26 Year Ovarian Cancer Survivor – Bravelets

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26 Year Ovarian Cancer Survivor

Posted on January 18 2016

The look in the ultrasound technician's eyes is when I knew it was not going to be good news.

At age 32 I knew something was wrong with me. I hurt so badly during every menstrual cycle; when I would dig to plant flowers; just anything that required the use of my lower abdomen and back muscles. I had spotty bleeding.

My in-network doctor said I just had a urinary tract infection. "Go home, put your feet up, drink some cranberry juice." I did not get urinary tract infections; so this did not ring true to me nor my husband. I called back to the in-network doctor; whose nurse asked if I had trouble understanding my doctor's instructions. "No, I don't have trouble understanding; you are just wrong."

My husband called to my Ob/Gyn who lived in a different state. He directed us to an out-of-network doctor. My new, wonderful doctor thought I was a nutcase. He said he only ordered the ultrasound because he thought I was some "hypochondriac nut" -- his words. He just wanted to get it over with. I don't remember telling him this; but he said I came in and advised him that I either had cervical cancer or ovarian cancer (hmmm imagine that he would think I am a nut).

Yes, the technician's eyes. He asked me, "How old are you Susan?" I was 32 years old. I saw sorrow in his eyes. I asked if he could tell me what he saw; and he said I would need to speak to the Doctor. The Doctor calls. Wants to see me and my husband ASAP. He wants to do exploratory surgery; there is a mass.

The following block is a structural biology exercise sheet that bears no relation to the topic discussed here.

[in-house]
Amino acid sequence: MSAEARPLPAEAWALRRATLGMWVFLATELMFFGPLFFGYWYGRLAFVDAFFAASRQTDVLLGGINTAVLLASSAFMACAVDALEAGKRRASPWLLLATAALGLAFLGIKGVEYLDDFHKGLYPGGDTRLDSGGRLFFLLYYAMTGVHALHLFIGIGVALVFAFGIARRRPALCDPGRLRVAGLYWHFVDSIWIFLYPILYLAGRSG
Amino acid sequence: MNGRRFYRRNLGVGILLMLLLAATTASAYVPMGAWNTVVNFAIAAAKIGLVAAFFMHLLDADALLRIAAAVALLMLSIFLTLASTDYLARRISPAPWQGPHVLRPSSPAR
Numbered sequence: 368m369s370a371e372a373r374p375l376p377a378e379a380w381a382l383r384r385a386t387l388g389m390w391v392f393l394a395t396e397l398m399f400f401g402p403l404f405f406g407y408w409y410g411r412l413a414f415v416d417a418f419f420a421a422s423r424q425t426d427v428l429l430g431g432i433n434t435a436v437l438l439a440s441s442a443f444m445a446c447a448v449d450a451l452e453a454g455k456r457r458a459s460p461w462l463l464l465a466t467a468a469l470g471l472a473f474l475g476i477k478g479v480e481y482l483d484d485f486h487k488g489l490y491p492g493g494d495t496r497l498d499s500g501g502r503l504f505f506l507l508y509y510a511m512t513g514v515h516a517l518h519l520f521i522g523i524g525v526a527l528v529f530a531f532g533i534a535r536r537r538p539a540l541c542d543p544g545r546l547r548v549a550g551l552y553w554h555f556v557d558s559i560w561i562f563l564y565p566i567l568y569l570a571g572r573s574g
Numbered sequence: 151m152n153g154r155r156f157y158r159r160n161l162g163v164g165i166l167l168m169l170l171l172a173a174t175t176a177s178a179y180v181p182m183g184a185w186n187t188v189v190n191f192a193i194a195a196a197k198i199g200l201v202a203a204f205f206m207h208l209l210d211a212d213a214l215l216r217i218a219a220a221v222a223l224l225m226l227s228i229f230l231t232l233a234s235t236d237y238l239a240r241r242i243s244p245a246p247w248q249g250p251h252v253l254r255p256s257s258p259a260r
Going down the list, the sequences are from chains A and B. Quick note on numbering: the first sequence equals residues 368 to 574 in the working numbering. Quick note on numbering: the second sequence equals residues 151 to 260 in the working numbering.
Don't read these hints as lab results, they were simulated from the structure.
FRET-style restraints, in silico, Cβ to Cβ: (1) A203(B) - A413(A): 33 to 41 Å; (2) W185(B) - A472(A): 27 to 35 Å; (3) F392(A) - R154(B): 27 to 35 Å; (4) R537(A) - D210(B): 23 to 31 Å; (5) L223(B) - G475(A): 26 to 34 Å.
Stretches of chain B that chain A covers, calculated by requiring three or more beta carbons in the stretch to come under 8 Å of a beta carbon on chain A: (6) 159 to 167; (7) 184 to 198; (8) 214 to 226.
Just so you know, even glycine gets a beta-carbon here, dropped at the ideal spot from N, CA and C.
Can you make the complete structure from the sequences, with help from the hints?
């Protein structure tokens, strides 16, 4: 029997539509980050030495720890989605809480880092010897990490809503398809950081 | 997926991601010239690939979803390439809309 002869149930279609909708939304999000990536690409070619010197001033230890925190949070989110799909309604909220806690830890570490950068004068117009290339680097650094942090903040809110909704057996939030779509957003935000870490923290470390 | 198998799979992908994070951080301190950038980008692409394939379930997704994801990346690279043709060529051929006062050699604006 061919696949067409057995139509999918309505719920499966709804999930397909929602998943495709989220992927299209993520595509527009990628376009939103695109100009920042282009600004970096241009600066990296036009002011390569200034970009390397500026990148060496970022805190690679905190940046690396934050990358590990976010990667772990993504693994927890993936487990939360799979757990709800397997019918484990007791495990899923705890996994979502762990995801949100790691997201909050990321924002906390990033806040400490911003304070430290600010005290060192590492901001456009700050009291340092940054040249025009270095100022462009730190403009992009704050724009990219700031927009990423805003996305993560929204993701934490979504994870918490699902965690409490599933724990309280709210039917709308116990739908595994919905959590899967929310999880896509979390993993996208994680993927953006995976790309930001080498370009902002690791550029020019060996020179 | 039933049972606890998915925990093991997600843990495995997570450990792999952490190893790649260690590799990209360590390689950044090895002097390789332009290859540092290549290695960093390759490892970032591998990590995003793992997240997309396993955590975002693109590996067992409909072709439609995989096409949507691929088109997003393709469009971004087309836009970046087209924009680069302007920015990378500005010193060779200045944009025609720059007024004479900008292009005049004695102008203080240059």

It is Mother's Day weekend coming. No, the surgery can't wait. Be back there in two days for surgery. WOW. I work. I have children. No local family. No close friends that live here. What will I do? What will my husband do? From work and the day care center; emerged all types of angels. Angels who care a few extra hours for the children, who took up money for the extras my family needed at the hospital, parking, cards, flowers, encouragement and more.

Exploratory surgery - yes while I lay on the operating table they were able to have a rush biopsy; it is ovarian cancer. They take everything that I can live without: full hysterectomy, appendix, greater and lesser omentum (who even knew they had these things?) and I am sure other parts that I have failed to mention.

When I regained consciousness in my room; I had already been assigned an oncologist. He was sitting; just studying me. I think he was trying to figure out if I had the stamina to do this; he never said. He spoke to me of this cancer; what it would take to survive; his prognosis if I took the chemo treatments; his prognosis if I didn't. So begrudgingly, and after many talks with God, I went for six months of treatments, CA125 tests, even what they called a chemo wash, hair loss, sickness and; after six months I slowly pulled out of that chemo haze of treatments, sickness and isolation.

What I learned -- People are amazingly wonderful. My husband has a heart of gold (My hair would fall out heavily at night; he would get up early to try and pick up as much as possible from my pillow so I would not see it). My Aunt organized the people of her church in another state to send me weekly cards of encouragement. My daycare provider would stop by during the day just to check to be sure I was okay. The people I worked with phoned and checked on me constantly. A woman I did not know from another state would send me beautiful cards to keep my spirit up. I AM stronger than I ever thought possible.

I am grateful to my Lord and Savior that He gave me the chance to see my children grow into adults and to allow me to see my beautiful grandchildren. I am also grateful to my wonderful gynecologist who thought I was a nutcase and the oncologist who called me stubborn. For it is with all of these people; together; I am cancer-free and alive. 26 years cancer free.

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